Up Close: A.Lange & Sohne 1815 Up/Down2:12 pm
A.Lange & Sohne is right up there as one of the few passionate, luxury watch makers existing today, who have mastered the art of producing exceptional classic watches for centuries. They’re considered among the most exclusive high-end brands in the world, given they produce only 5,000 or less watches a year and are home to the most gorgeous movements around (turn over one of their watches, and you’ll see what the fuss is all about). Of course, watches from the Glashutte manufacture are considered hardly “approachable” by most; if you are a serious watch collector, you’ll know why. Before we go in depth on one of their most accessible (dare we say entry-level) watch released last year – the 1815 Up/Down, let’s have a brief explanation by Anthony de Hass, from Lange about the newest version of the classic power reserve watch:
The art of timekeeping, re-created:
Somehow, self-winding mechanical watches don’t get a lot of respect they deserve among watch lovers. I’m going to draw a fine line between lovers and connoisseurs here, because the latter are perhaps the only ones who probably realize the joy and importance of manual-winding mechanical complications in the all – digital, millennial world.
Back in the day, winding your mechanical watch was an exercise, a discipline that was followed once in a couple of days or maybe a week, because if you forgot to wind your watch, it could have cost you your job, made you miss your train or got you late for a date. Today, the consequences may not be as dire, and although, you might not find it ‘as cool’ as an automatic chronograph or as beautiful as a moon-phase, ask your grandparents what a joy it was to use one. Self-winding watches generally came with a power reserve indicator, which is still a nice ‘old-school’ way to know when the tank’s getting low. In the case of the 1815, full is denoted by an “Auf” and “AB” means it’s time to wind your timepiece.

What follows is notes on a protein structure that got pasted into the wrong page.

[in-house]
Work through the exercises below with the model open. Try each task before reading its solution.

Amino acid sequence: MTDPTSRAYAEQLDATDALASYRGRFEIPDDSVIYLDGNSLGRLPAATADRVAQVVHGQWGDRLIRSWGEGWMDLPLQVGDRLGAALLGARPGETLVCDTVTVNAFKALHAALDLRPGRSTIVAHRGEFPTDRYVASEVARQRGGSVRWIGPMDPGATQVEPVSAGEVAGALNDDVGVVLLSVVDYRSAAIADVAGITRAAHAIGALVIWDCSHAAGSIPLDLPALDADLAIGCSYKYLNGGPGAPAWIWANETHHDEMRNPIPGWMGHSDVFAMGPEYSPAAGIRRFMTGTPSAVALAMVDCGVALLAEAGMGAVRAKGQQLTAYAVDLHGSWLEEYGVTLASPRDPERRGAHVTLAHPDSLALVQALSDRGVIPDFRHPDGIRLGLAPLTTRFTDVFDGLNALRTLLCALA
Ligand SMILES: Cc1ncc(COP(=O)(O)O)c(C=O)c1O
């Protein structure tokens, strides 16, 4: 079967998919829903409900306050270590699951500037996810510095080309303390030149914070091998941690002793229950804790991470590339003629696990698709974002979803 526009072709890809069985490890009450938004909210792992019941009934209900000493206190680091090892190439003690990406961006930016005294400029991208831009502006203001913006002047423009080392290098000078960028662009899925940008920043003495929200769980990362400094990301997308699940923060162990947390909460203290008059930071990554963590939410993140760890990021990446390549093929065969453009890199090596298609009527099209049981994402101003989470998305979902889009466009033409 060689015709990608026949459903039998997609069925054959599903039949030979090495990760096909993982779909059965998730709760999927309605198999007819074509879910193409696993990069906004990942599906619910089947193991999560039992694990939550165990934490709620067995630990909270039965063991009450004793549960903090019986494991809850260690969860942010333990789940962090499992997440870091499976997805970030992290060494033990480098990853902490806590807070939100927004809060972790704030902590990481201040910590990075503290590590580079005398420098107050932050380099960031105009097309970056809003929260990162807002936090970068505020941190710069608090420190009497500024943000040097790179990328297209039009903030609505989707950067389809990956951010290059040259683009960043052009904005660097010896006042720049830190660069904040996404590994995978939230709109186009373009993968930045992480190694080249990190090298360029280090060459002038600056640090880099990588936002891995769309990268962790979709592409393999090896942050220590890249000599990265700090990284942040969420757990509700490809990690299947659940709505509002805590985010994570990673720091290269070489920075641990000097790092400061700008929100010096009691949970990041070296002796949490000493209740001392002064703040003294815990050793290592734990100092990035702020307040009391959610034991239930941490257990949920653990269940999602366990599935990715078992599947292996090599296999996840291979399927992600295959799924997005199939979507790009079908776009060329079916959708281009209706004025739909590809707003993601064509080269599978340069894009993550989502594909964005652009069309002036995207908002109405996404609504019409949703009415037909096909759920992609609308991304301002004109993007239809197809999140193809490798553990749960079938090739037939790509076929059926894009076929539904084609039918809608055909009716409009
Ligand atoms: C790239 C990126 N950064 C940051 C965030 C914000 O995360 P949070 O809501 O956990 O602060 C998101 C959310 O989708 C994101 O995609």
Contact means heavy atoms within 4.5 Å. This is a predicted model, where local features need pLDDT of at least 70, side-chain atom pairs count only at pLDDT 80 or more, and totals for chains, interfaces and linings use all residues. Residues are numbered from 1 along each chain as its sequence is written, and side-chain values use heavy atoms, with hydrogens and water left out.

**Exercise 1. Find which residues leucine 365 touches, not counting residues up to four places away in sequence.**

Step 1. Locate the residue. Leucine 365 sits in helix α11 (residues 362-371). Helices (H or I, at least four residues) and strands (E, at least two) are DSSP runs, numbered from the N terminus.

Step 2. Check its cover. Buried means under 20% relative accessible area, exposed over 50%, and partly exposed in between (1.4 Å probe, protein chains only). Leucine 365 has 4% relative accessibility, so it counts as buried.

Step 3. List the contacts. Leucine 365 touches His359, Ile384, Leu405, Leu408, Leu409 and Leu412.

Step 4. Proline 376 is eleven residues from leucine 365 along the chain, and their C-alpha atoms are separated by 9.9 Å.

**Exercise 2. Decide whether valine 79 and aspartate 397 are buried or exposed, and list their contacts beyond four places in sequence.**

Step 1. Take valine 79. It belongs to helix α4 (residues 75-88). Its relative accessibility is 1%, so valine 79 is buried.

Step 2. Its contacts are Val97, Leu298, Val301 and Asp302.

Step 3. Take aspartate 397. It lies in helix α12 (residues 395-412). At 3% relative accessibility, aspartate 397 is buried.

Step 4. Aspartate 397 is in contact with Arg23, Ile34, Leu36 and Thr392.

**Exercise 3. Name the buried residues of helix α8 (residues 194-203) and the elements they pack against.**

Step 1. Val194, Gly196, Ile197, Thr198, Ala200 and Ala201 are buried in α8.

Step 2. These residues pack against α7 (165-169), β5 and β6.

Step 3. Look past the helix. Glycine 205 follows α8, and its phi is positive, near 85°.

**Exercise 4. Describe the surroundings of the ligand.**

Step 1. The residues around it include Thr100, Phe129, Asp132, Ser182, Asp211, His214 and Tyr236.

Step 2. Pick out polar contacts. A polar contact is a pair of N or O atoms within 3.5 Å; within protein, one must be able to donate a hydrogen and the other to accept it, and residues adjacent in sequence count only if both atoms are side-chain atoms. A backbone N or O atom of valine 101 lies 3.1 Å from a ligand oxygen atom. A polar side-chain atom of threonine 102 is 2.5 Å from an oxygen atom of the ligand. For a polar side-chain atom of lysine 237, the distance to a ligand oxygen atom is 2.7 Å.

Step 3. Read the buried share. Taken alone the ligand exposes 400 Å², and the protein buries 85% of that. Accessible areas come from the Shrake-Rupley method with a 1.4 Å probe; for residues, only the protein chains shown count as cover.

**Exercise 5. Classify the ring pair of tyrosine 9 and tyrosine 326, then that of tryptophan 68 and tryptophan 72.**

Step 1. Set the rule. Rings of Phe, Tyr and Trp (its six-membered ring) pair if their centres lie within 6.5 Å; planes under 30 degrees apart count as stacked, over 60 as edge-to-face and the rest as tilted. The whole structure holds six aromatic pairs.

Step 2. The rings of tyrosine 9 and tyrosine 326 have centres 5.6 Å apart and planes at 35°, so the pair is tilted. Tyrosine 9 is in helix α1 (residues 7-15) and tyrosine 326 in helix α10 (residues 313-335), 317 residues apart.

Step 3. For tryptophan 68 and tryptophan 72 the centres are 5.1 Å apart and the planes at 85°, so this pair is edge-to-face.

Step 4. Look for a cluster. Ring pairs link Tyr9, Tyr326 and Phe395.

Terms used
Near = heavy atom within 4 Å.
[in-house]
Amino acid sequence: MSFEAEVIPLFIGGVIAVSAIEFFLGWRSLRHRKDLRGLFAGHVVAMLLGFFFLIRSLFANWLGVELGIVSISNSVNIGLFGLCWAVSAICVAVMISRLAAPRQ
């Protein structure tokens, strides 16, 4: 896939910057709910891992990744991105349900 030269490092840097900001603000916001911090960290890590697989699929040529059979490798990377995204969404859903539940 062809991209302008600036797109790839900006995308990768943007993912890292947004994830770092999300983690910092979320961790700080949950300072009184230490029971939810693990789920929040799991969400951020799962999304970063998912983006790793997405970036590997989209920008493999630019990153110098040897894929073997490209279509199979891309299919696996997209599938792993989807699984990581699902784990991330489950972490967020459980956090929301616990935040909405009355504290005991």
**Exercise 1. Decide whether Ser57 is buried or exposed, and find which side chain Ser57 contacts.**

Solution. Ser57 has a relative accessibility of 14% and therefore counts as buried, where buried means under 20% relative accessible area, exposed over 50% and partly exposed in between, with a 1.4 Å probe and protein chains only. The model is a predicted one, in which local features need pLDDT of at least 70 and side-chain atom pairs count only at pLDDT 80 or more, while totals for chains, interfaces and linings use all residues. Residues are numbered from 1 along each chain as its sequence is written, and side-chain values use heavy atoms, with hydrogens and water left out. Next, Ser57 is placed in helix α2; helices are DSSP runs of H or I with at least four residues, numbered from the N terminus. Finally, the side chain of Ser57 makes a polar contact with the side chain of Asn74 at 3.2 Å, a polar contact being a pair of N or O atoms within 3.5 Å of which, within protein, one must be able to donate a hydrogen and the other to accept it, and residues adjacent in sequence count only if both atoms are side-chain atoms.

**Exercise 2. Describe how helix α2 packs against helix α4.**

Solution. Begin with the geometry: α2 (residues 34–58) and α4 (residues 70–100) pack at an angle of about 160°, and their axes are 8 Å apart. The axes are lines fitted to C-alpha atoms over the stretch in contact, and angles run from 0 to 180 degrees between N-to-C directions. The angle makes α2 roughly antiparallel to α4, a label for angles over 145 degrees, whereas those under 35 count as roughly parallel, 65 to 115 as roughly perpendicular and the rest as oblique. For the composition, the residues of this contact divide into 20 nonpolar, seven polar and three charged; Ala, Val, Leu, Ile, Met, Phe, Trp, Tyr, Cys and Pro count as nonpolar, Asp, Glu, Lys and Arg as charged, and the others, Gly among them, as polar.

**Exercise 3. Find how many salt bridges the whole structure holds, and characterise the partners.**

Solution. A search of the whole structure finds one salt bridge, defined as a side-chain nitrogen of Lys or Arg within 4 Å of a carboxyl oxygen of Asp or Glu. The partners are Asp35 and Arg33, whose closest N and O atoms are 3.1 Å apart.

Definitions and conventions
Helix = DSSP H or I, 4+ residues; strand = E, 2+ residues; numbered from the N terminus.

Having mentioned that, this watch has a more than healthy power reserve of over 72 hours – when fully wound. Also, because this is Lange, who have an obsessive attention to detail, the movement features a stop mechanism, which means that when the watch does eventually run ‘out of gas’ i.e., when the mainspring runs down all of the 72 hours of stored energy, the seconds counter stops precisely at zero.
A tribute to the pocket watches of the 18th century:
The 1815 Up/Down is not the first version of this watch, the first one was produced back in 1995 – as a homage to the classical pocket watch. For those of you who are still wondering the significance of the “1815”, it was the year Ferdinand A. Lange (the founder) was born. This past reference used by the brand is relevant in a way, as the watch incorporates the traditional aspects of the brand’s own pocket watches, produced by none other than Ferdinand A.Lange himself. Yes, back in the years Lange were the masters of pocket watches, and perhaps the only ones back in 1870 who offered one with power-reserve displays.
Whatever the thought behind the inspiration might have been, the 1815 Up/Down is pure Lange from all aspects. The prominent Arabic numerals and railway-track minutes scale, coupled with blued-steel hands that extend into their associated tracks is something we’ve seen from the Glashutte manufacture for years.